The central interest of this paper is in the regime change introduced by the advent of the Young Plan of 1929 which abandoned transfer protection. Announcement of this plan in March, 1929, triggered off a major crisis in Germany. The immediate consequence were a run on the Reichsbank, the failed issue of a major public loan, failure of an international bank credit and, consequently, a funding crisis of the public budget. On the political scene, the year between announcement and ratification of the Young Plan was characterized by infighting between the president of the Reichsbank, Schacht, and the government over whether or not to accept the Young Plan. In the course of this battle occurred the resignations, in turn, of the finance minister (Hilferding) and his under-secretary (Popitz), of Schacht as the president of the Reichsbank, and of the central government (Mueller), which after the ratification of the Young Plan was replaced by an emergency cabinet governing under presidential emergency decree. Schacht had predicted that given its high reparation demands, abandonment of transfer protection, and its very vague sanction clauses, accepting the Young Plan would throw Germany into a deep depression and political chaos. The paper argues that, irrespective of Schacht's "Nietzschean personality" (James, 1986) and his later political conduct as the Reichsbank's president of Nazi Germany, his economic verdict of the Young Plan cannot be discarded.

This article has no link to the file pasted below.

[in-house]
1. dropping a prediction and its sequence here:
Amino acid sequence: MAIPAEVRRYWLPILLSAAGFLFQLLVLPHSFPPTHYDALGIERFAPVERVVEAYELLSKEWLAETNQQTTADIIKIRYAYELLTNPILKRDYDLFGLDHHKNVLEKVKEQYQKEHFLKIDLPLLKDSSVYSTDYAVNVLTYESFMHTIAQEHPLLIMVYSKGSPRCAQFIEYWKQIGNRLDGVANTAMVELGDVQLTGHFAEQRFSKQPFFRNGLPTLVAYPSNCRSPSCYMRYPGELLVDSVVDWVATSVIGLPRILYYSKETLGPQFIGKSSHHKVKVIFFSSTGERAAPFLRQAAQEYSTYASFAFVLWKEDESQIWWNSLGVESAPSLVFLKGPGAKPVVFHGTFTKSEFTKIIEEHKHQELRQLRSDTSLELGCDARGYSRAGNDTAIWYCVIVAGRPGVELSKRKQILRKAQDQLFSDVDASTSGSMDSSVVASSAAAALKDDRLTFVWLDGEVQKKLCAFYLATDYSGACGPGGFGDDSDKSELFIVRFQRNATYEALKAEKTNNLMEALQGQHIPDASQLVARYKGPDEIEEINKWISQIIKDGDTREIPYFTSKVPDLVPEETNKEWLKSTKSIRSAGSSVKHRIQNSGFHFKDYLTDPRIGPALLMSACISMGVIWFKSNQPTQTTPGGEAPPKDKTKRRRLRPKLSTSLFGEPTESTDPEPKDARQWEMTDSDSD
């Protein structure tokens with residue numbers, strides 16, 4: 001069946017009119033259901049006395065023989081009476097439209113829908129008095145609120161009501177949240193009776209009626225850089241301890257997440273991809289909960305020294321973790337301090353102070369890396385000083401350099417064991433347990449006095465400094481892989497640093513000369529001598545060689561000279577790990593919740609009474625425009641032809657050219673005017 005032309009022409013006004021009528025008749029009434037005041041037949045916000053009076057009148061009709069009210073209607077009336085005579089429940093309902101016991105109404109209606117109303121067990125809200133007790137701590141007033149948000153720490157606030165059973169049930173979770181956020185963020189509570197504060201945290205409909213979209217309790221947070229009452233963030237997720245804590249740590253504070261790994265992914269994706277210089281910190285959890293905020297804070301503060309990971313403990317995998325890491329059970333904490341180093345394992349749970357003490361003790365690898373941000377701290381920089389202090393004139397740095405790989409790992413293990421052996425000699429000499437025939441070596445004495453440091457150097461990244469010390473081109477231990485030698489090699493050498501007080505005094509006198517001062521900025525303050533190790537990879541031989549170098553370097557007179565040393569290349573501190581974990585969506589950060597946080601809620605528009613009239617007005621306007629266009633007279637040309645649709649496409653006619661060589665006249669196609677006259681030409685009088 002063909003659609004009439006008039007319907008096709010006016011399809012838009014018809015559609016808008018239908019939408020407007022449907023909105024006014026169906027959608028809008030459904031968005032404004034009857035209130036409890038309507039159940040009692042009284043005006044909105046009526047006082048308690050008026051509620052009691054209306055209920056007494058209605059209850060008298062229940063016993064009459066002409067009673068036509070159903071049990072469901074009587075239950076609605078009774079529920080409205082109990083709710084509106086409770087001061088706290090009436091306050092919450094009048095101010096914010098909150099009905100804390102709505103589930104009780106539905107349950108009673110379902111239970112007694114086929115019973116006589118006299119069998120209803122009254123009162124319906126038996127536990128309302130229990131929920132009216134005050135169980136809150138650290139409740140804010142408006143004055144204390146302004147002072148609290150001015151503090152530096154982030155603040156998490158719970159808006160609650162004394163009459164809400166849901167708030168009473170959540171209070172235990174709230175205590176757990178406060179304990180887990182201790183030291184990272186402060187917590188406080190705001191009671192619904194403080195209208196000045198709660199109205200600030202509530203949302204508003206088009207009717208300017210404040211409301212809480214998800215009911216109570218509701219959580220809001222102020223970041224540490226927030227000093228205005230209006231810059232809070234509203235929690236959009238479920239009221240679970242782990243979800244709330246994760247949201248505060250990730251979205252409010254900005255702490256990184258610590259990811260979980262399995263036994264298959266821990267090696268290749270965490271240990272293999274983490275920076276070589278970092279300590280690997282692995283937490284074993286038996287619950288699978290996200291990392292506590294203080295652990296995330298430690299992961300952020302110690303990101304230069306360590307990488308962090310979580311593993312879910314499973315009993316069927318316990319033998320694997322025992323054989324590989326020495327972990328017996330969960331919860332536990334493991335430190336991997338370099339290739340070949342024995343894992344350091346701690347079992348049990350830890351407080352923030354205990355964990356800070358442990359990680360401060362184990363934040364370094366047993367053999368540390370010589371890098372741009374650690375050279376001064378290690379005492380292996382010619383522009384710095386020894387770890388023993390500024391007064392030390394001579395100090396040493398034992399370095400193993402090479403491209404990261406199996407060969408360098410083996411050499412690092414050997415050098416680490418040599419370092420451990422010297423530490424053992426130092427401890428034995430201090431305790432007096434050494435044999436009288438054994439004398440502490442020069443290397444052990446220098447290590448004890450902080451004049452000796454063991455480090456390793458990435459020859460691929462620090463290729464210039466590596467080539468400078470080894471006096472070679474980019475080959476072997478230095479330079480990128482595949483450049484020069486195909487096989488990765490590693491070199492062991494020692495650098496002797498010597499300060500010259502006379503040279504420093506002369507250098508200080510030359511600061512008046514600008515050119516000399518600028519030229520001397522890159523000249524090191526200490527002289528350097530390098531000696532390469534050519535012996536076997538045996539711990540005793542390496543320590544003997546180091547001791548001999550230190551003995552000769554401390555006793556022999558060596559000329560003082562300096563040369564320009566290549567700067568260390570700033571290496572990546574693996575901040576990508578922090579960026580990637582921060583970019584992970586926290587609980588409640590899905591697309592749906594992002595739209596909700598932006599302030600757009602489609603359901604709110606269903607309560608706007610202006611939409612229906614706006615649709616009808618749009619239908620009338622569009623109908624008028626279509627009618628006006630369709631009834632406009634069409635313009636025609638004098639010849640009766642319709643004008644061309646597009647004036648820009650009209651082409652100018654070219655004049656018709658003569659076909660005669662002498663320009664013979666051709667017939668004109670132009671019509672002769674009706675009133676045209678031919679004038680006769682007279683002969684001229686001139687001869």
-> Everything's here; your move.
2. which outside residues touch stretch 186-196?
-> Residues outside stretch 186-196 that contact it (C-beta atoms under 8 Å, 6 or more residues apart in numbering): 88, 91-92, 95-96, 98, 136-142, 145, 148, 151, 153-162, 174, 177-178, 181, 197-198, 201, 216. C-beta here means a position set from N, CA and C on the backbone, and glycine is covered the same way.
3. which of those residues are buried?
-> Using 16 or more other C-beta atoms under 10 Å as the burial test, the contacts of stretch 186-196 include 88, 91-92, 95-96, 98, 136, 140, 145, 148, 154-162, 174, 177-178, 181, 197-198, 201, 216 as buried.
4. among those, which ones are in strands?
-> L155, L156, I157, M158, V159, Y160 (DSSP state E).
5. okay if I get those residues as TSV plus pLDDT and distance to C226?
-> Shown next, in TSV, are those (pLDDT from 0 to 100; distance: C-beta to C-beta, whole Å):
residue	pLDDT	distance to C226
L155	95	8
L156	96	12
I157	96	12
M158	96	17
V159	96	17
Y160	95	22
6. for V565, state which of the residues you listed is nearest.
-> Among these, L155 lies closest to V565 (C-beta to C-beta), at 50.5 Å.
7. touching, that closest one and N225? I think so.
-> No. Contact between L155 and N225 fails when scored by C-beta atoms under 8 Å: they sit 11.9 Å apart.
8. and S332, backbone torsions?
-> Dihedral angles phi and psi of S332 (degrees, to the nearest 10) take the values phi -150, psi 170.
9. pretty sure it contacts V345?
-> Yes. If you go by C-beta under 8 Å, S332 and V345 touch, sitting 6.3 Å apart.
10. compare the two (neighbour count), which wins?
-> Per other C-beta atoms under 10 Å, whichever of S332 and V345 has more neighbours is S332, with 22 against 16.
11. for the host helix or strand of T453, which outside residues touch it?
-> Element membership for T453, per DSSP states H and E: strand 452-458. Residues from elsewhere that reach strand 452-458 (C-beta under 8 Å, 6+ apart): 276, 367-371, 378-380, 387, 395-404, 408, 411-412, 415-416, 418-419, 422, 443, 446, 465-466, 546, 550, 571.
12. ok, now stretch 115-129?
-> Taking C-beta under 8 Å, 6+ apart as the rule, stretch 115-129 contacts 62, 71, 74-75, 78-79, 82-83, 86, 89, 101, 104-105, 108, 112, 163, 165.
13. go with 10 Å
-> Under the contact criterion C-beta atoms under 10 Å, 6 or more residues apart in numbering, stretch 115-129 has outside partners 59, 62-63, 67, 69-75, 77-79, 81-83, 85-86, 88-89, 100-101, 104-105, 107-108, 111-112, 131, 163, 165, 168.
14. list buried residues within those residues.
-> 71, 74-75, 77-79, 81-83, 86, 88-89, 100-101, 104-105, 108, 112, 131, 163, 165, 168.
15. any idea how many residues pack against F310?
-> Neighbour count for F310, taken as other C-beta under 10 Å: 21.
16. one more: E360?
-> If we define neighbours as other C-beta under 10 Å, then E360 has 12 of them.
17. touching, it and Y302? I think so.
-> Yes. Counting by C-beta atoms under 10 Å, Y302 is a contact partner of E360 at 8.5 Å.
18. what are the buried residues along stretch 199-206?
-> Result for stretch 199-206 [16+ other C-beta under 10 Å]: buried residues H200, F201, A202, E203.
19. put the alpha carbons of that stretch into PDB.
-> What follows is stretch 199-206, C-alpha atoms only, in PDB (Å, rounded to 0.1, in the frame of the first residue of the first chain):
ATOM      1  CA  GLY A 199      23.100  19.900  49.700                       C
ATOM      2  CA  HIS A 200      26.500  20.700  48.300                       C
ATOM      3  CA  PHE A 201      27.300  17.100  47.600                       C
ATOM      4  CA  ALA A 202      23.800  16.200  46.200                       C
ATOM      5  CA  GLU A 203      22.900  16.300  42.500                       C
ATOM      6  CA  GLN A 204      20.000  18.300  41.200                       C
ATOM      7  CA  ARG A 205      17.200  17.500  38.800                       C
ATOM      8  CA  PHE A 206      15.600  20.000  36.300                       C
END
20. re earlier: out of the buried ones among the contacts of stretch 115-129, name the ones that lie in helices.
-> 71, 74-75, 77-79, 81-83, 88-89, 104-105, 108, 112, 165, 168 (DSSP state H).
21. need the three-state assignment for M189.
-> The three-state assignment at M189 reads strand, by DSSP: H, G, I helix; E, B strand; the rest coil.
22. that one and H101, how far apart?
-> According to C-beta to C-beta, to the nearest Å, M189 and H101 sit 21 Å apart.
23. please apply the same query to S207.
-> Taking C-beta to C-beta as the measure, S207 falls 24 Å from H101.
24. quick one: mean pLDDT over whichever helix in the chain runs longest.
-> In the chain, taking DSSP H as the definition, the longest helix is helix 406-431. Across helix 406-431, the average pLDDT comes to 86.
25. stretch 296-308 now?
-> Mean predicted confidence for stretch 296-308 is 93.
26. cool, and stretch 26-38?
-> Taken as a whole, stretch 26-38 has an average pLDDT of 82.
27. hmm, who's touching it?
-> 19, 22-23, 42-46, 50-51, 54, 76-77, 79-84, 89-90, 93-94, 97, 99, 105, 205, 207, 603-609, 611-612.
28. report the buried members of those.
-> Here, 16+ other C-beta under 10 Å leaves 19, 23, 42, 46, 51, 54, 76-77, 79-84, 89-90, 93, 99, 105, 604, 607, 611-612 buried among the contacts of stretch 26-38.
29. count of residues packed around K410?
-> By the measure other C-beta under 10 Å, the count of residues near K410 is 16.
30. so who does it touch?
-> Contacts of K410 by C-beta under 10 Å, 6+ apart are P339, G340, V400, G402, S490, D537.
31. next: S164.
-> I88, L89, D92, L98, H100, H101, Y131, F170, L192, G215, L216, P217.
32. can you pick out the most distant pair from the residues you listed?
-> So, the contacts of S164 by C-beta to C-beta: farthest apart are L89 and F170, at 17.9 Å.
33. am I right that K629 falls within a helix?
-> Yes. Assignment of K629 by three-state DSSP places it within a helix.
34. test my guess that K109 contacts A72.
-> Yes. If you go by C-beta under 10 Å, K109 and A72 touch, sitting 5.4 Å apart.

(b) Background: The Reparation Regimes
(i) The Dawes Plan Regime
The Allied reparations bill of 1921 amounted to 132 bn gold marks in present value, equivalent to over 200% of German pre-war national income. Attempts to enforce payment at the envisaged rates through sanctions failed in 1922, resulting in political chaos and hyperinflation. As an ultimate sanction, the military occupation of the Ruhr district in early 1923 was intended to produce more satisfactory reparation revenues. German obstruction disappointed these expectations but increased the social cost to the German side and led to another acceleration of hyperinflation. Given these conditions, the massive inflow of foreign capital into Germany after the stabilization of the mark of late 1923 is paradoxical. With reparations already more than exhausting Germany's willingness to pay, or the amount whose payment could credibly be enforced, it should be expected that Germany was effectively barred from foreign credit as long as reparations were in force.
To provide Germany with fresh money and circumvent this constraint, the Dawes Plan for German reparations of 1924 combined rescheduled reparation payments with a transfer protection clause. Under this scheme, reparations would only be converted into foreign exchange if sufficient reserves were available to avoid a run on the Reichsbank. Therefore, transfer protection implied that in the event of foreign exchange shortage, commercial credits would be served first, thus leaving reparations only as a second charge. This opened an incentive for Germany to take in commercial credit. Exhausting the credit ceiling by debt service on commercial loans, little room would be left for reparations. Although debt-plus-reparation service per period would be the same in the end, borrowing during an initial period would induce a one-time real resource transfer to Germany. These mechanics are well understood in the political history literature on German reparations (Link, 1970, McNeil, 1986), where it is pointed out that German policy makers at the time were fully aware of this effect and tried to exploit it to their advantage.